I just finished the Machine Learning online course provided by Stanford University! This is the official class page at Stanford at the time of this writing. I took the course via enrollment at
In the class, I studied Machine Learning. As the definition goes, a machine can be said to learn if it improves on a performance measure P for a given task T by an experience of E.
Machine learning works like this: in “supervised machine learning”, you “train” a learning algorithm with labeled examples. The trained algorithm (i.e. one that has “learned” a certain set of parameters) can then be used to predict or process new data.
An example of a supervised learning algorithm is recognizing hand writing. This is used extensively by the postal service to help automate the flow of mail. The implementation we worked on in the class was a neural network (beyond scope here) which recognized hand written digits. By providing the neural network with labeled input (an image of a handwritten number 9) and the correct output (the digit 9), it learned to identify new writing which it had not yet seen.
What’s going on behind the scenes is that the labeled examples modify parameters on a statistical model. The way machine learning algorithms are written, they can be used to create really complex (and powerful) models. Then, new input is run through the parametrized statistical model (the “trained” neural network) and out pops, for each digit 0-9, the probability that the image is that digit.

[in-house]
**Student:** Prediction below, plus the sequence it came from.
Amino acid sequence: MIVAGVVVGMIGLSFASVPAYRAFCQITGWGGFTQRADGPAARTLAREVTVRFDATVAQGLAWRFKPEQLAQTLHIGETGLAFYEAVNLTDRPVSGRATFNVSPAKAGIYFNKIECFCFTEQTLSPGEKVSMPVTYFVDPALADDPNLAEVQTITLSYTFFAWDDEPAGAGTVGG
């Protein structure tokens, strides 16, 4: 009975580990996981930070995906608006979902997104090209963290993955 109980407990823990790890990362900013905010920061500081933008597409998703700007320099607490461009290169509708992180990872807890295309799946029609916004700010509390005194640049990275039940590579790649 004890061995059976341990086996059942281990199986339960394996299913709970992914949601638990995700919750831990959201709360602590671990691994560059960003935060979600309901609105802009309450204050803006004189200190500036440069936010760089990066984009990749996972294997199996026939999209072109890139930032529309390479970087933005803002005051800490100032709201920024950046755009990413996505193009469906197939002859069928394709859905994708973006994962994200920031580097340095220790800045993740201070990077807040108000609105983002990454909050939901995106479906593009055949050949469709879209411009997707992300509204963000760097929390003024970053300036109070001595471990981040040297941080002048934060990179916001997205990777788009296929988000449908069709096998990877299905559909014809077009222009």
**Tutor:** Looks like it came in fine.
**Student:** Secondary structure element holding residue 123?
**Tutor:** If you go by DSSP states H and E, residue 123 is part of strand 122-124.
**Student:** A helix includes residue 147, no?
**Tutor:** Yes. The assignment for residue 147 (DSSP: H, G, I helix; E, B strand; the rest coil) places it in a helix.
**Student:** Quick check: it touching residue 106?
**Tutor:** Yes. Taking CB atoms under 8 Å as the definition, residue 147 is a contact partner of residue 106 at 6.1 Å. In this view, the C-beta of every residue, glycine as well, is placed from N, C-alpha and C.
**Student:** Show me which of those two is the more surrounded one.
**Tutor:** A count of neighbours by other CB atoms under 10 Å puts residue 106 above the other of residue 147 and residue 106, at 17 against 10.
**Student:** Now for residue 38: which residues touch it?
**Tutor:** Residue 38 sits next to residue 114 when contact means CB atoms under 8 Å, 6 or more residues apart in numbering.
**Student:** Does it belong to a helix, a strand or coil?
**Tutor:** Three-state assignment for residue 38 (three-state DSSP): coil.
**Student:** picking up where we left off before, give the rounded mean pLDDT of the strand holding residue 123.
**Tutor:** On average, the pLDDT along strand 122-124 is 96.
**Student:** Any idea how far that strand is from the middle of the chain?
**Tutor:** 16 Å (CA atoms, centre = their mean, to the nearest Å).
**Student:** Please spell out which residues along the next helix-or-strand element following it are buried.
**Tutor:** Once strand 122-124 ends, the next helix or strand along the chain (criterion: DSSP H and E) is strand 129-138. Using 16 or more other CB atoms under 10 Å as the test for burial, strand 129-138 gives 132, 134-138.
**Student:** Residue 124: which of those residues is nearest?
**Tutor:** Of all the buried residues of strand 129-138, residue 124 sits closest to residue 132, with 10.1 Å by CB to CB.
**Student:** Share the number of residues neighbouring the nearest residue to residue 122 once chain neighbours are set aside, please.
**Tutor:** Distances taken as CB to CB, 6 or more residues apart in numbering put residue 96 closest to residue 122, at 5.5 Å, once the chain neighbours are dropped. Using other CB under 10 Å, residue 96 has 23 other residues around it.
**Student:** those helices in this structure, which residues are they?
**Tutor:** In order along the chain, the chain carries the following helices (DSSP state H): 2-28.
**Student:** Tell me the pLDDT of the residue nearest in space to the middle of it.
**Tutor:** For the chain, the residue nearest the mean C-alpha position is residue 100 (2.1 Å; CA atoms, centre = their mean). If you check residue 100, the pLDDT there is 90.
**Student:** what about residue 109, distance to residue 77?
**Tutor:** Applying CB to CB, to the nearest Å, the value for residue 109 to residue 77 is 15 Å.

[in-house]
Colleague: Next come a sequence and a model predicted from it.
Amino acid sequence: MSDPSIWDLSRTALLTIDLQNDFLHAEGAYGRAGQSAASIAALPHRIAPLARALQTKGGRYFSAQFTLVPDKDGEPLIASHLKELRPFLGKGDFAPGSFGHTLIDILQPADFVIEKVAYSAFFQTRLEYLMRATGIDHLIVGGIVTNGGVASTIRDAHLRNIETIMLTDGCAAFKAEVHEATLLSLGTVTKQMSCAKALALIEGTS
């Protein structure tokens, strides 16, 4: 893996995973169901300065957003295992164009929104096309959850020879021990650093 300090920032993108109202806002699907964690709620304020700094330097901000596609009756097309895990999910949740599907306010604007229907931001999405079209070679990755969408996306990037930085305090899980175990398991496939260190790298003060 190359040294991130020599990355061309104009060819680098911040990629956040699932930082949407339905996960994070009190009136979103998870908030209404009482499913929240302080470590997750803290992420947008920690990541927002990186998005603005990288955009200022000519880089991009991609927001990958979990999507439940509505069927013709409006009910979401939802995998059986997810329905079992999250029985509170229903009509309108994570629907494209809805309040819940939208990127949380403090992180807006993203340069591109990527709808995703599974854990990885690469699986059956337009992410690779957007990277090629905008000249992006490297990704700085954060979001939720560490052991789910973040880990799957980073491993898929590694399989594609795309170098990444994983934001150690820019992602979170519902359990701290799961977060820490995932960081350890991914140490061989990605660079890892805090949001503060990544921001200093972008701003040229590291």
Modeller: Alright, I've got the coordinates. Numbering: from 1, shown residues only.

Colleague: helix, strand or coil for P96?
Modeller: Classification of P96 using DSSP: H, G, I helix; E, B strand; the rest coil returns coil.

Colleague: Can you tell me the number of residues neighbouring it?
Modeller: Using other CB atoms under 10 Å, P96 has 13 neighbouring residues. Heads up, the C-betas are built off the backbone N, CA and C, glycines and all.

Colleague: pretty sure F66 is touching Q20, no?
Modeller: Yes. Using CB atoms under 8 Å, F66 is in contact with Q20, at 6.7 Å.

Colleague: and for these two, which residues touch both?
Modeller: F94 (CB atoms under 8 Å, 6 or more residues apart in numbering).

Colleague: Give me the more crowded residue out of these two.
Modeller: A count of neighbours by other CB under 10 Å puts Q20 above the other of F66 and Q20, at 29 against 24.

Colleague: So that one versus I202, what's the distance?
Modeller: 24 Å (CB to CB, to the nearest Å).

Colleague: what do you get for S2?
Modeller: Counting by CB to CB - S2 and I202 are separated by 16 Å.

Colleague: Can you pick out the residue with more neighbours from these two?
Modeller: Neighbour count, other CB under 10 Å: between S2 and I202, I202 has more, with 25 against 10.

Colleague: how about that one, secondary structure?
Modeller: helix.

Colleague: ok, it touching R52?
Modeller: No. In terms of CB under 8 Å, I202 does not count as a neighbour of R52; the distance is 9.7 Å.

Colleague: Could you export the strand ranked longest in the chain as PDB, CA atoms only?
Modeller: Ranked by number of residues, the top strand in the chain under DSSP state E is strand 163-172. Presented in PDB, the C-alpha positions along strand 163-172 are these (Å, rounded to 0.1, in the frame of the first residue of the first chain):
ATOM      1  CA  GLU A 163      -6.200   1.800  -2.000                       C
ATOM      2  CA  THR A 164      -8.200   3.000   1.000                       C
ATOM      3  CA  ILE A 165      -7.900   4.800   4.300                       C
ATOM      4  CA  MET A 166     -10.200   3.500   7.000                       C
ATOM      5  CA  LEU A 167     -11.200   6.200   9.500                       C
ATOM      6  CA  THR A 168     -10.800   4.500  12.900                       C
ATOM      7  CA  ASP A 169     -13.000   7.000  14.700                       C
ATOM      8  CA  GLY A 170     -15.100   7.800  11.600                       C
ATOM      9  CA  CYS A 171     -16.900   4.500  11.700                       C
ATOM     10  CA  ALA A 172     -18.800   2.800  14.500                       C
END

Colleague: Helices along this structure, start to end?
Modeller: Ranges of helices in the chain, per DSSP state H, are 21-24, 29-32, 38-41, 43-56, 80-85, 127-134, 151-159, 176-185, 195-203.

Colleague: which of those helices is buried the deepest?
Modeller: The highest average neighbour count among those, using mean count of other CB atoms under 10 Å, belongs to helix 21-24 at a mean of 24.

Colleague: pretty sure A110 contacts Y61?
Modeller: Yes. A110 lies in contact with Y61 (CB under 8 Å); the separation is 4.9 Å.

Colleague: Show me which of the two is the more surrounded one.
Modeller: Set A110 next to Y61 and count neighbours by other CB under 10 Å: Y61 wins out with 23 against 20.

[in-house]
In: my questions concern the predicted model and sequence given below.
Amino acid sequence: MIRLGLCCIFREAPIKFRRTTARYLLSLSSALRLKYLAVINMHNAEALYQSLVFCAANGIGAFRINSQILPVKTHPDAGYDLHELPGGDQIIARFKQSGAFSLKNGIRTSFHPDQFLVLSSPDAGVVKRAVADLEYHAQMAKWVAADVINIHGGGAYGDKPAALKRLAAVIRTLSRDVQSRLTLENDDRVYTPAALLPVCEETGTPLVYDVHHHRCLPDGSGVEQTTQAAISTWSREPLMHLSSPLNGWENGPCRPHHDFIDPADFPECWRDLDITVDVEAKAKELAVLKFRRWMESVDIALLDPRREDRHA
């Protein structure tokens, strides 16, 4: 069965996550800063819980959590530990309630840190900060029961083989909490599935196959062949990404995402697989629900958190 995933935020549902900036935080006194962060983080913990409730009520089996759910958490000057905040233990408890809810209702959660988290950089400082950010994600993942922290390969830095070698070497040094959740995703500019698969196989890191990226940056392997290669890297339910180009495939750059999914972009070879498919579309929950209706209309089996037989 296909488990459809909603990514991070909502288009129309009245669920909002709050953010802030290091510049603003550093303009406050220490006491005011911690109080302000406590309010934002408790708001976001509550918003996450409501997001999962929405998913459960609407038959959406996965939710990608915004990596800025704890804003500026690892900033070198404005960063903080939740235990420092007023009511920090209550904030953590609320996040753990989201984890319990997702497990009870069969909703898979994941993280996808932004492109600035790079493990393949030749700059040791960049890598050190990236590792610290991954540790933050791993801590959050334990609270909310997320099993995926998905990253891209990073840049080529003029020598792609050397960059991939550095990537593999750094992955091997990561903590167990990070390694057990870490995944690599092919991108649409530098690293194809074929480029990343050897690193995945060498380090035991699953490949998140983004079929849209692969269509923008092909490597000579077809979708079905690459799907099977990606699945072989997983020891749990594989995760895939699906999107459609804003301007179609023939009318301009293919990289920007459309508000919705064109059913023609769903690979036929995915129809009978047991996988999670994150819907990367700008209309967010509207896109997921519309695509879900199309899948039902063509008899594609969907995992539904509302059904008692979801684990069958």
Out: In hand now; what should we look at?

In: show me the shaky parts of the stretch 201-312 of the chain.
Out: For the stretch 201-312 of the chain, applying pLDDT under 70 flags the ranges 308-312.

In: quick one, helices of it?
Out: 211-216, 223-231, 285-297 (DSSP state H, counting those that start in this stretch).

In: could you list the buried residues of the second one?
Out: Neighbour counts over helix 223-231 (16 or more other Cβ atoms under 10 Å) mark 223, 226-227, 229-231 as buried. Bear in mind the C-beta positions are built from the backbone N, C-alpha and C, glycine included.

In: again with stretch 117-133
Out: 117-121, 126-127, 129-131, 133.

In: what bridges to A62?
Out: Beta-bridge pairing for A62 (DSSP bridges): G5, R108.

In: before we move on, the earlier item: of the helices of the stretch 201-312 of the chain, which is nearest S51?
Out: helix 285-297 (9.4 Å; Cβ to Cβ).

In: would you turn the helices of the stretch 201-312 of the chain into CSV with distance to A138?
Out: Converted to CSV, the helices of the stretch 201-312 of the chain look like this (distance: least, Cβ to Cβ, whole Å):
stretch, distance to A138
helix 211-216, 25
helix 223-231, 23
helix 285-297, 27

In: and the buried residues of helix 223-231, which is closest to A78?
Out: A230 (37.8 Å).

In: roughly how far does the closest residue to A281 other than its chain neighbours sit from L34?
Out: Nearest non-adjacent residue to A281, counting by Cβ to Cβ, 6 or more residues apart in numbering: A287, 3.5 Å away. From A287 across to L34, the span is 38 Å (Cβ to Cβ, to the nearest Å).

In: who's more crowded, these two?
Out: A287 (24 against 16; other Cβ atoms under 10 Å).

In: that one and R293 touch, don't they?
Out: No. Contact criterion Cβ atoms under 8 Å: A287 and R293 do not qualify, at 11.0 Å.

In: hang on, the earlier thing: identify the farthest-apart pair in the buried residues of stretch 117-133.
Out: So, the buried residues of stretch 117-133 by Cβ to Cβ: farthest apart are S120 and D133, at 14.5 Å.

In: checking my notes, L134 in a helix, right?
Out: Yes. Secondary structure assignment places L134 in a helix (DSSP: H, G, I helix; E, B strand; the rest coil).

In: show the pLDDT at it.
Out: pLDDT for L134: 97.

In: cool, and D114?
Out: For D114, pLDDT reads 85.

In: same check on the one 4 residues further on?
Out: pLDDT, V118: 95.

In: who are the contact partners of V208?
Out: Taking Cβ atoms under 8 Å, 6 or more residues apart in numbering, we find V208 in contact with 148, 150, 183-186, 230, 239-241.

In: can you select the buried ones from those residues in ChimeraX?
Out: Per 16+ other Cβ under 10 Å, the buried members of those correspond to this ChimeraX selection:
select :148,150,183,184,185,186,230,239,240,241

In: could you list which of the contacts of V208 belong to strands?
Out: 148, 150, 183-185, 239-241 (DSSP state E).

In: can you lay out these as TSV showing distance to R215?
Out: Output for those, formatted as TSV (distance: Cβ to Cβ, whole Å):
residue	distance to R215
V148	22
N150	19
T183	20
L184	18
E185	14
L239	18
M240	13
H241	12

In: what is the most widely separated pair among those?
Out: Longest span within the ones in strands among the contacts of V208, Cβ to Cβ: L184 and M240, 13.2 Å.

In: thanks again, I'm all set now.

Supervised learning includes linear regression, logistic regression, neural networks, and others. The other type is unsupervised learning. In this case, the algorithm just looks at unlabeled data, and attempts to find groups or patterns in the data. This might include market segmentation, anomaly detection, or other grouping operations.
An example there is anomaly detection in a production line. An airplane engine might be tested for its heat vs. its vibration as part of production. An anomaly detection system, given plenty of examples of normal engines, could read the test results on new engines and raise a red flag if a certain combination of heat and vibration come up that are statistically very improbable.
At a really high level, that’s about the whole of the class. Most of the time is spent constructing and understanding the implementation of these learning algorithms. At the end, you get a look at using individual learning algorithms as building blocks to create pipelines.
An example pipeline covered is a program to recognize text in photos. This is a pipeline of three algorithms (all supervised, i.e. “trained” on labeled examples). The first detects what parts of the photo are text, the second breaks up the text into letters, and the last identifies those letters.
It’s interesting to think about learning algorithms as building blocks. Since they’re just really complex statistical models, you can see they’re only giving rise to even more complex models when combined. And yet you can start breaking up “actions” like identifying and reading text present in photos by recognizing areas of text, breaking it up into letters, and reading those letters.
It’s interesting to think how algorithms and entire pipelines could be lined up to create complex processing on input. I imagine this is how researchers accomplish things like machine vision, or in attempts to model the human brain.
(For reference, I’ve added the exercises (and my solutions) from the class to my personal GitHub account here. If you’re planning on taking the class, please ignore.)